The Performance of Market Risk Models for Value at Risk and Expected Shortfall Backtesting : In the Light of the Fundamental Review of the Trading Book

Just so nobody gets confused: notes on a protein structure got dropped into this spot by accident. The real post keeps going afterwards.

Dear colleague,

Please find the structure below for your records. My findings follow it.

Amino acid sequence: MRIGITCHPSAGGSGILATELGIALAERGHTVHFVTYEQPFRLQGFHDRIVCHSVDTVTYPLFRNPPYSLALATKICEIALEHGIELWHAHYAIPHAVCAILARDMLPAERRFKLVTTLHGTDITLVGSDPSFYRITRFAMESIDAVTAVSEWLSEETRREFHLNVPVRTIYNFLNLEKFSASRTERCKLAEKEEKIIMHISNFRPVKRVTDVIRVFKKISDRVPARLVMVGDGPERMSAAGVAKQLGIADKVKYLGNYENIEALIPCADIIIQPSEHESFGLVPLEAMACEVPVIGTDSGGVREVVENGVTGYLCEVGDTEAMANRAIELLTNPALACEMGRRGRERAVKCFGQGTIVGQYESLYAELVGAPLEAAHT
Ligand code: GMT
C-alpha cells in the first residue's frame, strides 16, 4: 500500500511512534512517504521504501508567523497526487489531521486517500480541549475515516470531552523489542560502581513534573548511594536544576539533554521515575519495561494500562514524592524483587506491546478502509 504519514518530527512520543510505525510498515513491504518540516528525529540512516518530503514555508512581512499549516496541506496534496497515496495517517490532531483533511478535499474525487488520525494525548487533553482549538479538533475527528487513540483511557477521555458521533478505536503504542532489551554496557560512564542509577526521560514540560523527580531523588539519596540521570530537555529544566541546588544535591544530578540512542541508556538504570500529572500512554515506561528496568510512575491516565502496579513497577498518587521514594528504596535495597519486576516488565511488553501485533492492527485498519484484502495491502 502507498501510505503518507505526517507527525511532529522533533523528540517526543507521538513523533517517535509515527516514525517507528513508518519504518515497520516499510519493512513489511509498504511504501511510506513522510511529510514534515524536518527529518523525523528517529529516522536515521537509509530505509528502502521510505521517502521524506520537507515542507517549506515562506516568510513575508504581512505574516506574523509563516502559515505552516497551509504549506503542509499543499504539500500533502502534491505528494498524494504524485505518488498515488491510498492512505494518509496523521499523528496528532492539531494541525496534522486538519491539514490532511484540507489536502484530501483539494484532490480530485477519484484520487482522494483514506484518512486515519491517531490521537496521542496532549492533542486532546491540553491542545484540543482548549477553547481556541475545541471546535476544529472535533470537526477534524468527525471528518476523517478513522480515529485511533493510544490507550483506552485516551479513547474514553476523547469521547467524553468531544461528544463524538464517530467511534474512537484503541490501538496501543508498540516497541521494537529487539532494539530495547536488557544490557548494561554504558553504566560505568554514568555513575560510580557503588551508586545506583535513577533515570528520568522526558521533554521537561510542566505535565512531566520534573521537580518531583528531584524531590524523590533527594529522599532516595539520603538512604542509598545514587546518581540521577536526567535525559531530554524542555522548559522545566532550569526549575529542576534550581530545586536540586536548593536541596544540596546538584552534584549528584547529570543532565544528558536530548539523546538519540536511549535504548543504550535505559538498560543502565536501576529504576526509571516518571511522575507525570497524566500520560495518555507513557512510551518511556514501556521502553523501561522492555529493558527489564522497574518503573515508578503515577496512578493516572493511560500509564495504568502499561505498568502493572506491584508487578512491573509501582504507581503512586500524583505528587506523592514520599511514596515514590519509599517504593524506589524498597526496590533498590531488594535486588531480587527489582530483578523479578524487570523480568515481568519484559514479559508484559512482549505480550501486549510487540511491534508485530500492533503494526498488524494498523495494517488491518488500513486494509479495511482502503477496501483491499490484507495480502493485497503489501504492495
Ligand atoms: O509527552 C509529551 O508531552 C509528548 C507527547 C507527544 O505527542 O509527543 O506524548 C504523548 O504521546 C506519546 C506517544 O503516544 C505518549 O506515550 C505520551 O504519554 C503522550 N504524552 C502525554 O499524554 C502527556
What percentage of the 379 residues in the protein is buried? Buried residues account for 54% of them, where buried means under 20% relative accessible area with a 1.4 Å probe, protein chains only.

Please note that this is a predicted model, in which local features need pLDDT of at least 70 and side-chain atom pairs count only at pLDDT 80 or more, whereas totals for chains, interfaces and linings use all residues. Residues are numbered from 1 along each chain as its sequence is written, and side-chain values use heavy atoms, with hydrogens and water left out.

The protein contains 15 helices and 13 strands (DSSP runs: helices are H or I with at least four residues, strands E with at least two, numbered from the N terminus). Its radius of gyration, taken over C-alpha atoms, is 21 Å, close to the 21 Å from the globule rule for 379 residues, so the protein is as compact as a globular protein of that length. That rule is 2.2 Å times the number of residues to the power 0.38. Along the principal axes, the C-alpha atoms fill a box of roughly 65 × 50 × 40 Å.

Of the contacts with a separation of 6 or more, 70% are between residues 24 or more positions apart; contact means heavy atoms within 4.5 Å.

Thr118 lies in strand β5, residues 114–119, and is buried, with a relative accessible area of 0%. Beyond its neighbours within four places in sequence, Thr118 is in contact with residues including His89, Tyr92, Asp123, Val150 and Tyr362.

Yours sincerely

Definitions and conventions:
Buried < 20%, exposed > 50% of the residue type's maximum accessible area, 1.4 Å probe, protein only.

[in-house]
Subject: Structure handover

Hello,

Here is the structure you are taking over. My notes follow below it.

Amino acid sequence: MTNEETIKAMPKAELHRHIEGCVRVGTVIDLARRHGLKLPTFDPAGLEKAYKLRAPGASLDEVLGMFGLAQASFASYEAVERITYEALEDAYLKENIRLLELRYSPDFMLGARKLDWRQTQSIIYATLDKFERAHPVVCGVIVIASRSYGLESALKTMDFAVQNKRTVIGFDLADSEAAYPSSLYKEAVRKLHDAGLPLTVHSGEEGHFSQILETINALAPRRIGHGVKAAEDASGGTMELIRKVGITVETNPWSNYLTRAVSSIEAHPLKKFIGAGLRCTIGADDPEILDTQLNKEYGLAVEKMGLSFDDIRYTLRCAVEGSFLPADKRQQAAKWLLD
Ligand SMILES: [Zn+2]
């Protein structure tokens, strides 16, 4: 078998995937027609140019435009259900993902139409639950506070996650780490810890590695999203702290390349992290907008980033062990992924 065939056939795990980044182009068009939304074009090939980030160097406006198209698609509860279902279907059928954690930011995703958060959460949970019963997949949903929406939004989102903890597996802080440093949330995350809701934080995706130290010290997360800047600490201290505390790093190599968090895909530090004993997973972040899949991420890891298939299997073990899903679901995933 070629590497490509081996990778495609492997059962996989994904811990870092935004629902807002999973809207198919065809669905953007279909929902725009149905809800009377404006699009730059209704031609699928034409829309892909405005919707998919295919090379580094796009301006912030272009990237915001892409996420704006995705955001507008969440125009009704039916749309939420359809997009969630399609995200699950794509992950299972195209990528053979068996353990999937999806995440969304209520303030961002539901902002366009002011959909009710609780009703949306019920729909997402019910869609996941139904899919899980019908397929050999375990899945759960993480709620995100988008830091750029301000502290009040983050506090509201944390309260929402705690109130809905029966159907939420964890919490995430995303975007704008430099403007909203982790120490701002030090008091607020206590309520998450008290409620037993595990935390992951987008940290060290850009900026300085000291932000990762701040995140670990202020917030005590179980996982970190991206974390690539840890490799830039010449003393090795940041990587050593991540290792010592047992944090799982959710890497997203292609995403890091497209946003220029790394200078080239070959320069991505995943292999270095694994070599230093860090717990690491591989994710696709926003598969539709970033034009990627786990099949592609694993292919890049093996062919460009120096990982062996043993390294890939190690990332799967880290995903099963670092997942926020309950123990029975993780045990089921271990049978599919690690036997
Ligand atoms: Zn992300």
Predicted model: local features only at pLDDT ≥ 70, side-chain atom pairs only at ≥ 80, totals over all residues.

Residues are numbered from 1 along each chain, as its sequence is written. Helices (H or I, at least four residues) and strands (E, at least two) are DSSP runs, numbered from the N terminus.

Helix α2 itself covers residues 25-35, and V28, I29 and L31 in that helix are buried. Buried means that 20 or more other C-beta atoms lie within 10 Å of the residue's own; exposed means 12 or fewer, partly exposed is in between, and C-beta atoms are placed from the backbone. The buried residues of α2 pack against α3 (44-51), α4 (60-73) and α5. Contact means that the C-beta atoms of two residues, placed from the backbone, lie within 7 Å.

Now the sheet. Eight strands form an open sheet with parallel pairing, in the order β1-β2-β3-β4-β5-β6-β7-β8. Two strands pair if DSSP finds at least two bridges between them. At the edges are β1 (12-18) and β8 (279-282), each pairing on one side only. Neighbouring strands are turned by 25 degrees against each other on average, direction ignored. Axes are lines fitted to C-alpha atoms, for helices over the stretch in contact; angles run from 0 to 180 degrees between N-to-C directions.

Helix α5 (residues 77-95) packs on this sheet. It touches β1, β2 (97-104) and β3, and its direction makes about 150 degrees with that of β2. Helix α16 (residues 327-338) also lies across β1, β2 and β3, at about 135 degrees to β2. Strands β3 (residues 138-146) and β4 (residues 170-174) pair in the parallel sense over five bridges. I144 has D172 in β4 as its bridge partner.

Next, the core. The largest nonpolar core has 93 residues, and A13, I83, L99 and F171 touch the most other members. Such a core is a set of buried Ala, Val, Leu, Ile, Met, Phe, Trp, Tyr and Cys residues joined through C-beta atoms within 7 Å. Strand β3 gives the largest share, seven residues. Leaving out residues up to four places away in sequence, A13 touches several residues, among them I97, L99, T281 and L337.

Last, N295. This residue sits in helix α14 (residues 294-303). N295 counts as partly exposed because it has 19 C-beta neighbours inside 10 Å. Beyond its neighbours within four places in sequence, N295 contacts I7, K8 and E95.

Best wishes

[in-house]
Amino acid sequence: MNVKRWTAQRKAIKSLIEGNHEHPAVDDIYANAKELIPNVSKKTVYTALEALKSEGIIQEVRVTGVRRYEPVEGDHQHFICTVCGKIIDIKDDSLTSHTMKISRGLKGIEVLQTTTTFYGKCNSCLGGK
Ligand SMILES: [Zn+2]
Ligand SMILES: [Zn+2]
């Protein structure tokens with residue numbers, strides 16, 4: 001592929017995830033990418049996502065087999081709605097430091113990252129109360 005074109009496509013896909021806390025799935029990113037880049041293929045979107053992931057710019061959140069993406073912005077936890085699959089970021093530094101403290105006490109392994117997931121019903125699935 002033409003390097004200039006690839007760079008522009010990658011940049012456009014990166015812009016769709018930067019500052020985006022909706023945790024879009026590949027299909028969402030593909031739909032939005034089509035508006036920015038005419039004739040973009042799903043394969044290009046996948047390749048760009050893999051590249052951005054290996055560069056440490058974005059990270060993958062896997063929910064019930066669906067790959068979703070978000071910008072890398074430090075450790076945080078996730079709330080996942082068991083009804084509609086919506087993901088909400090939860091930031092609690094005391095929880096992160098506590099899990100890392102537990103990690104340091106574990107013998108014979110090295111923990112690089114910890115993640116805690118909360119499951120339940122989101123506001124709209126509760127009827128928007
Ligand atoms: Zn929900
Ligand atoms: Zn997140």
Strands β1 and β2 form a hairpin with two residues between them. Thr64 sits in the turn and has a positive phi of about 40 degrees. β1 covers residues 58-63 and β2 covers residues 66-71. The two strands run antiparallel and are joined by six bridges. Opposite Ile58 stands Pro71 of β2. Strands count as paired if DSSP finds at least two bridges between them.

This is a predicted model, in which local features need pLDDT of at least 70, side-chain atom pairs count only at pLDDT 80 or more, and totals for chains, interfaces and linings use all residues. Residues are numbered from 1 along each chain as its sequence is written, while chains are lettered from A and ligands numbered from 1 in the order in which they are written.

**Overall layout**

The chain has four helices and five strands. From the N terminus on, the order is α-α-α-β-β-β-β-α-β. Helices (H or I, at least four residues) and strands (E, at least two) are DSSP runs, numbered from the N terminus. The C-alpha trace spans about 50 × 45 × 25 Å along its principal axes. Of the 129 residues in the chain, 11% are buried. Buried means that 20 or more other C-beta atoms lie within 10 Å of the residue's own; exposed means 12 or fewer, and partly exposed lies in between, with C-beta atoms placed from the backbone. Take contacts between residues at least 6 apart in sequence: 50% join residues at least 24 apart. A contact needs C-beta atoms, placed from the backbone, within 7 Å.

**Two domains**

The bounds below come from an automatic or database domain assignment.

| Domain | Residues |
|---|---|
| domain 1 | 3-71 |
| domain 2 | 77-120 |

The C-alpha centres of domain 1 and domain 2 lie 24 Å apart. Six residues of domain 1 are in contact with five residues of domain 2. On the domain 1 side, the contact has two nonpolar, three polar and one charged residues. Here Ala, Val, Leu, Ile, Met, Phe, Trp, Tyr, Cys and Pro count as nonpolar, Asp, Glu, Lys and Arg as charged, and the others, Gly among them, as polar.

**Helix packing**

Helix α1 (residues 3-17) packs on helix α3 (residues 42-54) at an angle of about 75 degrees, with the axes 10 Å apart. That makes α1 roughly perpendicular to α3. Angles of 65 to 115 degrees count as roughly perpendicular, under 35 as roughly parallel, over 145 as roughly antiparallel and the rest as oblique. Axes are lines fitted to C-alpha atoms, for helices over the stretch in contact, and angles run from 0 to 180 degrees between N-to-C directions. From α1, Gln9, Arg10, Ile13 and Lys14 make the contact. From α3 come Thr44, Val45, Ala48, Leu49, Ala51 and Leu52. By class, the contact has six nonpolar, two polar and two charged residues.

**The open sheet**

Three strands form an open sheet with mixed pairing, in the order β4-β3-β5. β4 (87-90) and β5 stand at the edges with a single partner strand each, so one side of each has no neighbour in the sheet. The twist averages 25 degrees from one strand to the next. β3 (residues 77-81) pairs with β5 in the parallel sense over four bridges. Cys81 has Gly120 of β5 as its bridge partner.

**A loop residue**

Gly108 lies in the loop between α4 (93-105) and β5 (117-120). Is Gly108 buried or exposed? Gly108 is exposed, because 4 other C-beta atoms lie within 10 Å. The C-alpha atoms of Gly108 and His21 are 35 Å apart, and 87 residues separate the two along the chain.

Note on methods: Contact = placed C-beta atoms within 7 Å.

Sammanfattning: The global financial crisis that took off in 2007 gave rise to several adjustments of the risk regulation for banks. An extensive adjustment, that is to be implemented in 2019, is the Fundamental Review of the Trading Book (FRTB). It proposes to use Expected Shortfall (ES) as risk measure instead of the currently used Value at Risk (VaR), as well as applying varying liquidity horizons based on the various risk levels of the assets involved. A major difficulty of implementing the FRTB lies within the backtesting of ES. Righi and Ceretta proposes a robust ES backtest based on Monte Carlo simulation. It is flexible since it does not assume any probability distribution and can be performed without waiting for an entire backtesting period. Implementing some commonly used VaR backtests as well as the ES backtest by Righi and Ceretta, yield a perception of which risk models that are the most accurate from both a VaR and an ES backtesting perspective. It can be concluded that a model that is satisfactory from a VaR backtesting perspective does not necessarily remain so from an ES backtesting perspective and vice versa. Overall, the models that are satisfactory from a VaR backtesting perspective turn out to be probably too conservative from an ES backtesting perspective. Considering the confidence levels proposed by the FRTB, from a VaR backtesting perspective, a risk measure model with a normal copula and a hybrid distribution with the generalized Pareto distribution in the tails and the empirical distribution in the center along with GARCH filtration is the most accurate one, as from an ES backtesting perspective a risk measure model with univariate Student’s t distribution with ⱱ ≈ 7 together with GARCH filtration is the most accurate one for implementation. Thus, when implementing the FRTB, the bank will need to compromise between obtaining a good VaR model, potentially resulting in conservative ES estimates, and obtaining a less satisfactory VaR model, possibly resulting in more accurate ES estimates. The thesis was performed at SAS Institute, an American IT company that develops software for risk management among others. Targeted customers are banks and other financial institutions. Investigating the FRTB acts a potential advantage for the company when approaching customers that are to implement the regulation framework in a near future.
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